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The Buell Center and AD—WO, Columbia University

New York, United States


The Temple Hoyne Buell Center for the Study of American Architecture was founded at Columbia University’s Graduate School of Architecture, Planning, and Preservation (New York City) in 1983. In recent years, the Center has convened conversations among overlapping constituencies, including academics, students, professionals, and the general public. Its current project addresses the topic of Architecture and Land in the Americas, in its historical significance and contemporary relevance. The Center’s director, Lucia Allais (b. London, 1974), is a historian and critic of architecture whose work focuses on the relation between architecture, politics, and technology in the modern period and on the global stage.

AD—WO (Partners: Jen Wood b. Naarm/Melbourne, Australia, 1984, & Emanuel Admassu, b. Addis Ababa, Ethiopia, 1983), is an art and architecture practice based in New York City, and by extension, between Melbourne and Addis Ababa. The practice aims to establish an operational terrain between architecture’s content and container: equally committed to designing buildings and reimagining their sociopolitical contexts. Founded in 2015, AD—WO has undertaken projects in Ethiopia, Tanzania, Germany, and the United States. Their work has been exhibited at the Museum of Modern Art, Studio Museum in Harlem, Architekturmueum der TU Munchen, and Art Omi. AD—WO’s work is part of the permanent collection at the High Museum of Art and the Art Institute of Chicago.


Chicago Cultural Center


78 East Washington Street, Chicago, IL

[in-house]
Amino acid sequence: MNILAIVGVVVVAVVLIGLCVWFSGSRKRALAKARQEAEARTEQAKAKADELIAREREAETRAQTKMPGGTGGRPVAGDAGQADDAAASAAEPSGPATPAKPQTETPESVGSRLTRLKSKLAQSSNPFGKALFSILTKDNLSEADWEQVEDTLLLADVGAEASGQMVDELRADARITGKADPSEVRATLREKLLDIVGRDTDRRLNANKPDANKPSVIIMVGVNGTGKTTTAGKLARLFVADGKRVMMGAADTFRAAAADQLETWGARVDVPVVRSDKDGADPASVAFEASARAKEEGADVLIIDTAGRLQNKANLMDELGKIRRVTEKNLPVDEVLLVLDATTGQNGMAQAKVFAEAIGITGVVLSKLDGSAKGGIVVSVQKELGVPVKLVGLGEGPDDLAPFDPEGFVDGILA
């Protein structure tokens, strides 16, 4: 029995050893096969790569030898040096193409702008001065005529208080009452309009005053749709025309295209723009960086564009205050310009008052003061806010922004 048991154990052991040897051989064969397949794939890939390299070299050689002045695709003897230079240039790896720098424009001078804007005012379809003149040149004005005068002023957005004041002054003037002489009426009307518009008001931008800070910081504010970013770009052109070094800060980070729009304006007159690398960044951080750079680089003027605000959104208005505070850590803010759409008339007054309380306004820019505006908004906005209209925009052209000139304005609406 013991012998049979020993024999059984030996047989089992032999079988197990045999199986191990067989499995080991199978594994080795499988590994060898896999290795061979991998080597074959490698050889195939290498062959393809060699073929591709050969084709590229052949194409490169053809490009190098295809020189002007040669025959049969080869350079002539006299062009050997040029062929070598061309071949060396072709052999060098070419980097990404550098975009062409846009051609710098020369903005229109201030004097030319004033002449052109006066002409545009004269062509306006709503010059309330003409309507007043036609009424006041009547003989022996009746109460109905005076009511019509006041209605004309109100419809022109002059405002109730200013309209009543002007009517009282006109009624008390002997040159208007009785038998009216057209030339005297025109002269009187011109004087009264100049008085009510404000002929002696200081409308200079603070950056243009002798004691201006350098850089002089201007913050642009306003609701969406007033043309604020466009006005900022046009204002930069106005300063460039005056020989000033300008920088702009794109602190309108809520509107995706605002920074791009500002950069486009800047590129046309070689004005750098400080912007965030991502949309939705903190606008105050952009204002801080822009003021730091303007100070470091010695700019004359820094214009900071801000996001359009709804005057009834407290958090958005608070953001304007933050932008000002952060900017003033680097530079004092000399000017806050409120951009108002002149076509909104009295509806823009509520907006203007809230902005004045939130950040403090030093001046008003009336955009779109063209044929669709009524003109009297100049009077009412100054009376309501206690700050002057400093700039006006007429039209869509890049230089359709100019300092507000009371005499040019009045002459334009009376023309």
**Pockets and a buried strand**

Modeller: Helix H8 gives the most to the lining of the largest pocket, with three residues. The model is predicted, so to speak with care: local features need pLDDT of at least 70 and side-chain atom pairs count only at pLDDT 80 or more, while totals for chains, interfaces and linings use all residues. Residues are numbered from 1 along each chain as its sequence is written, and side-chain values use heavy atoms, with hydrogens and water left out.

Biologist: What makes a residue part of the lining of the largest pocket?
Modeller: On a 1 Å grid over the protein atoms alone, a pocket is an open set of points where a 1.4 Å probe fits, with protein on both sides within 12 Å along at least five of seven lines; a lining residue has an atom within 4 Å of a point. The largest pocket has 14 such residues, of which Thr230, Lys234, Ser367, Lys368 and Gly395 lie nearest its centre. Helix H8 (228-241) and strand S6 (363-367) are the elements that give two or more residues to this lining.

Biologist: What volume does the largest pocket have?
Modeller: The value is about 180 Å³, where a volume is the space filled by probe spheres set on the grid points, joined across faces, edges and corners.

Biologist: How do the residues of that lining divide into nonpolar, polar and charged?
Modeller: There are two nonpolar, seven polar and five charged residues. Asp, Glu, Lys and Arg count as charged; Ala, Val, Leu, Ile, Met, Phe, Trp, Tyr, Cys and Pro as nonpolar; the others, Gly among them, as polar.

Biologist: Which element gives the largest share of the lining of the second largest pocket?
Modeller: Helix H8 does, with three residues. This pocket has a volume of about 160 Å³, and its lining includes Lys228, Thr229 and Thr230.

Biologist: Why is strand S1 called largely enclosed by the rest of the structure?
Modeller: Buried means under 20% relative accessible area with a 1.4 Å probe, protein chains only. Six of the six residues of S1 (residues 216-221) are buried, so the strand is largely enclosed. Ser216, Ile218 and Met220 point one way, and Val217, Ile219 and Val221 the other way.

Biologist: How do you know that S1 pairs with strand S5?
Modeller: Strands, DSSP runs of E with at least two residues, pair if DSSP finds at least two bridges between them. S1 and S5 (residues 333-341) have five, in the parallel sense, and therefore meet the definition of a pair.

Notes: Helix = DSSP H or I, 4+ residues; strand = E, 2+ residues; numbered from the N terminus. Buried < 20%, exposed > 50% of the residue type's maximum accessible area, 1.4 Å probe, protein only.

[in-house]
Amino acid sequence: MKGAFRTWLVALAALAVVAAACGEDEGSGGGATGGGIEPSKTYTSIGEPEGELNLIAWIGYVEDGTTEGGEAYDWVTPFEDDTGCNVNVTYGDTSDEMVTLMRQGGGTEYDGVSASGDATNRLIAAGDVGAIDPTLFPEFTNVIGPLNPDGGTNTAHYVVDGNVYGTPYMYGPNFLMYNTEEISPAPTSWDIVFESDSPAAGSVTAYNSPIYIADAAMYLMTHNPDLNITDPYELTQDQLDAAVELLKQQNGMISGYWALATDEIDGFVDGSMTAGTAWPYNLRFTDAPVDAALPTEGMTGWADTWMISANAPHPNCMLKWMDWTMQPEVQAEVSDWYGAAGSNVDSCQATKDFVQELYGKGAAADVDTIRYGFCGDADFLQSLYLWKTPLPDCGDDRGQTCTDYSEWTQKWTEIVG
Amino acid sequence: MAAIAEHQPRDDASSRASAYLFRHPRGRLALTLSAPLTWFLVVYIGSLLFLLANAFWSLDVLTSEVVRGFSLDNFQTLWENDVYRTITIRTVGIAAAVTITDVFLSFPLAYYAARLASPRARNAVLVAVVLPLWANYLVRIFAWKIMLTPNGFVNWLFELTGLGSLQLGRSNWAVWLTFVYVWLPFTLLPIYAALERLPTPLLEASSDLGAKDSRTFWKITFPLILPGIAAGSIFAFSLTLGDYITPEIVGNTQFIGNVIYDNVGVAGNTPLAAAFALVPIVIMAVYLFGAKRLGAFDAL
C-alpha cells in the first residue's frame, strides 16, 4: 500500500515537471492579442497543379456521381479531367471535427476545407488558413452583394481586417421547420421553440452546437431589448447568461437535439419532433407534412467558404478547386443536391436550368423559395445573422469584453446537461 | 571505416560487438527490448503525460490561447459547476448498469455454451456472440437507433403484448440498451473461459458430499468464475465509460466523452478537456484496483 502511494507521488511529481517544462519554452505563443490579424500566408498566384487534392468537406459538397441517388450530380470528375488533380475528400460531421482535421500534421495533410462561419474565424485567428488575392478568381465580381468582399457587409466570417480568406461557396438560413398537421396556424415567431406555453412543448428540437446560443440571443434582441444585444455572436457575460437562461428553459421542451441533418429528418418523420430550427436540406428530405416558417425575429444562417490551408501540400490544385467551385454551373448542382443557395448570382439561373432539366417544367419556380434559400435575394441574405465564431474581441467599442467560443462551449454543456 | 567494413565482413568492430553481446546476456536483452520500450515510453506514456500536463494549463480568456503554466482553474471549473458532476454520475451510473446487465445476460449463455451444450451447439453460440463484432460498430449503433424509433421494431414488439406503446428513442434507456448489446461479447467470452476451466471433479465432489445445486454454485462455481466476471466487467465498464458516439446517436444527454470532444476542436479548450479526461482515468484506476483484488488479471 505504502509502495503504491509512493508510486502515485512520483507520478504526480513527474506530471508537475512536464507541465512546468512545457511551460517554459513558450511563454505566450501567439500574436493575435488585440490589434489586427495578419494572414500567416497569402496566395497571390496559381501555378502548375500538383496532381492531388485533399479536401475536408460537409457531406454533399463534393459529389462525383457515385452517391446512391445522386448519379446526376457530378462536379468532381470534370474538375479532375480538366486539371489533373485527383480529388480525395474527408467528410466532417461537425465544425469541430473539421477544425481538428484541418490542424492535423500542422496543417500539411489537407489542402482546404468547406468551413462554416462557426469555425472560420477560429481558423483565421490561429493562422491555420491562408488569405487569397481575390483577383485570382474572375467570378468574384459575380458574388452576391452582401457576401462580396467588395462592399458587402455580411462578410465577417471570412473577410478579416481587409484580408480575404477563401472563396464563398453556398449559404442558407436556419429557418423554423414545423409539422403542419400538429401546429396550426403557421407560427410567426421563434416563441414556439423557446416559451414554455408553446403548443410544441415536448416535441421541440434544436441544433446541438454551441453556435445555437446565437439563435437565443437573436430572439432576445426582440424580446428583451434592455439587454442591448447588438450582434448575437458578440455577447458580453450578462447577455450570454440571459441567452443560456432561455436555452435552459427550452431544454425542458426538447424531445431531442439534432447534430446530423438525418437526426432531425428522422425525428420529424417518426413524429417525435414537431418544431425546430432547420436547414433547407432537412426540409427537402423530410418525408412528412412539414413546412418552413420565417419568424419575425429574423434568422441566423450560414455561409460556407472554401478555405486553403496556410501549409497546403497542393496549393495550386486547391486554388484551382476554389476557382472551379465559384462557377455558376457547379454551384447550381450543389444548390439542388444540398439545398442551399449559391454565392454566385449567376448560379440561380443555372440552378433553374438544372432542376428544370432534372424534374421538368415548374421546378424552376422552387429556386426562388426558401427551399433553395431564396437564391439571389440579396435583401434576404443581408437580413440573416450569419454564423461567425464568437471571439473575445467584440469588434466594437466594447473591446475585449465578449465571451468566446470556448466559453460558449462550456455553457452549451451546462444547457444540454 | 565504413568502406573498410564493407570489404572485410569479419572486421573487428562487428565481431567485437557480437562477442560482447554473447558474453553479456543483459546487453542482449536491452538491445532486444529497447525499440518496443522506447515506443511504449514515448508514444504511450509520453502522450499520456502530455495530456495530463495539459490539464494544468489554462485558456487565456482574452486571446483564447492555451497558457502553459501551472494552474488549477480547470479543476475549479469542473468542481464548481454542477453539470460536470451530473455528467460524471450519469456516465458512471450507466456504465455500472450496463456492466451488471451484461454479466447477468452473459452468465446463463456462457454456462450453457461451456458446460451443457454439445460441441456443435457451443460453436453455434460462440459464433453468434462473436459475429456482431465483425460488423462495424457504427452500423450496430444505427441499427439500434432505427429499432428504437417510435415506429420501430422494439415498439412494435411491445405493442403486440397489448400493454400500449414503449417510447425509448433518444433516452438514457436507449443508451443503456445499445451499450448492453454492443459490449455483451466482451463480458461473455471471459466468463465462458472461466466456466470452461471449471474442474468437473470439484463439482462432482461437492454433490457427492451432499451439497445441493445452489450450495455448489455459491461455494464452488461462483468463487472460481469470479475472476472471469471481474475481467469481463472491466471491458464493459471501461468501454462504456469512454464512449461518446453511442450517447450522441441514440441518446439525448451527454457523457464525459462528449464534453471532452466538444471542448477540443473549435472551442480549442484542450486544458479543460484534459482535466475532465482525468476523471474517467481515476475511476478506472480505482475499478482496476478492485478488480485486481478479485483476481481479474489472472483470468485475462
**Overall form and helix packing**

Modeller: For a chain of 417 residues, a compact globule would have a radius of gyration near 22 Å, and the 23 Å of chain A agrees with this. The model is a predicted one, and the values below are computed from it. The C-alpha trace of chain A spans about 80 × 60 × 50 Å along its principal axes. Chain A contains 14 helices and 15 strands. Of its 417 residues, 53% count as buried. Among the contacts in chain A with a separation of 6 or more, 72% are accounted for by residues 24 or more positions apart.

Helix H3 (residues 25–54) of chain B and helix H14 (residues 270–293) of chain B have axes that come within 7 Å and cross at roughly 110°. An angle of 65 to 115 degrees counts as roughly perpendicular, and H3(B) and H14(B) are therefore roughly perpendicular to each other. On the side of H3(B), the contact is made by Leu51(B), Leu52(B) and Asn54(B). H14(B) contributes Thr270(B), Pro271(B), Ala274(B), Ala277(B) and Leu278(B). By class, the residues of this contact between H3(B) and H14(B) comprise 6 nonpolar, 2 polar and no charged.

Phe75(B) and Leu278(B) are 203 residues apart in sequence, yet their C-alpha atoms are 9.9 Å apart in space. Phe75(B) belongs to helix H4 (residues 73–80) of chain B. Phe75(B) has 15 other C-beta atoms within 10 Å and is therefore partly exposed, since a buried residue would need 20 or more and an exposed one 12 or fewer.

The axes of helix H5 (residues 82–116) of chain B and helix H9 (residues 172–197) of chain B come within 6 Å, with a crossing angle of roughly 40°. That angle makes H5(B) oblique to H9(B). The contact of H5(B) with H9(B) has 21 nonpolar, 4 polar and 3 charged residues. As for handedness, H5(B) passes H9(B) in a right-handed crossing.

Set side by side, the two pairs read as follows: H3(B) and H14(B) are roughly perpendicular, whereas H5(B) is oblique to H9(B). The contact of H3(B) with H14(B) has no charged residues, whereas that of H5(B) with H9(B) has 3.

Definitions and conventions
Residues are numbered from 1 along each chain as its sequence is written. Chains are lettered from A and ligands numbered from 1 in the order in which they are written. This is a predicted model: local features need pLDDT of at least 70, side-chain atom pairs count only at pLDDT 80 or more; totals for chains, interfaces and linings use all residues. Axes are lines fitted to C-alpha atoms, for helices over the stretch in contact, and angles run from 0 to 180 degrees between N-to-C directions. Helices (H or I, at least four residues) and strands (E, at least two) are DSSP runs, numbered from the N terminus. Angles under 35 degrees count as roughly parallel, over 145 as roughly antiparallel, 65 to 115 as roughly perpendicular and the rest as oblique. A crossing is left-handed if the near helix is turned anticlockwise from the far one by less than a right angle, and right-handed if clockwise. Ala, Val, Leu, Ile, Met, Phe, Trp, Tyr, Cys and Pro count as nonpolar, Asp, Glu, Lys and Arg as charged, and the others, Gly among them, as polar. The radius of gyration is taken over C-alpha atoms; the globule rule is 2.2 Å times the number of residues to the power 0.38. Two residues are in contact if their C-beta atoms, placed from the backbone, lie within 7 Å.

The Loop


The Chicago Cultural Center serves as one of the main exhibition venue sites for CAB 5, featuring projects from more than 80 participants from ten countries. 

Opened in 1897, the Chicago Cultural Center is a Chicago landmark building operated by the Chicago Department of Cultural Affairs and Special Events and is home to free cultural exhibits and programming year-round.

Chicago Cultural Center
Chicago Cultural Center

CAB 5 Contribution

Project Overview

100 Links: Architecture and Land, in and out of the Americas

There is architecture in the simplest of tools. Gunter’s chains and  corner mounds are devices that measured and marked vast  territories during the colonization of North America. The sixty-six-foot  chain, tagged and divided into 100 links, combined decimal and  English systems so that eighteenth-century surveyors could lay out  fields, farms, towns, and, eventually, the Jeffersonian grid. The  mounds were dug out from four pits to show where the grid  intersected and where plots could be bought. Together, these tools  enabled the conversion of earth into land, and inextricably linked  liberty to property. Any alternative way of being with the world—by  Indigenous communities who considered themselves as belonging to  the land, not the other way around, or by enslaved peoples who  invented new modes of life despite being declared property—were  odious obstacles to this brutal dynamic. 

The project 100 links unsettles the historical and ongoing dynamics  of enclosure and dispossession by redefining land not as object  but as relationship. It invites visitors to move beneath sagging chains,  amidst wall-mounted tags, and around pits filled with books for the  taking. These books unpack the lineage of a paradox that still feeds  development today: as soon as any territory is enclosed, new  architectures have to be invented to declare land an endless resource  again. To unsettle land today is to reflect on the techniques that  sustain this legacy, to find solidarities across history and geography,  to heed the work of contemporary abolitionists and indigenists, and  to generate robust forms of unlanded freedom. 


Credit: The Buell Center and AD–WO, Columbia University 

With support from The Temple Hoyne Buell Center for the Study of American  Architecture at Columbia GSAPP and Elise Jaffe + Jeffrey Brown

The City is the Site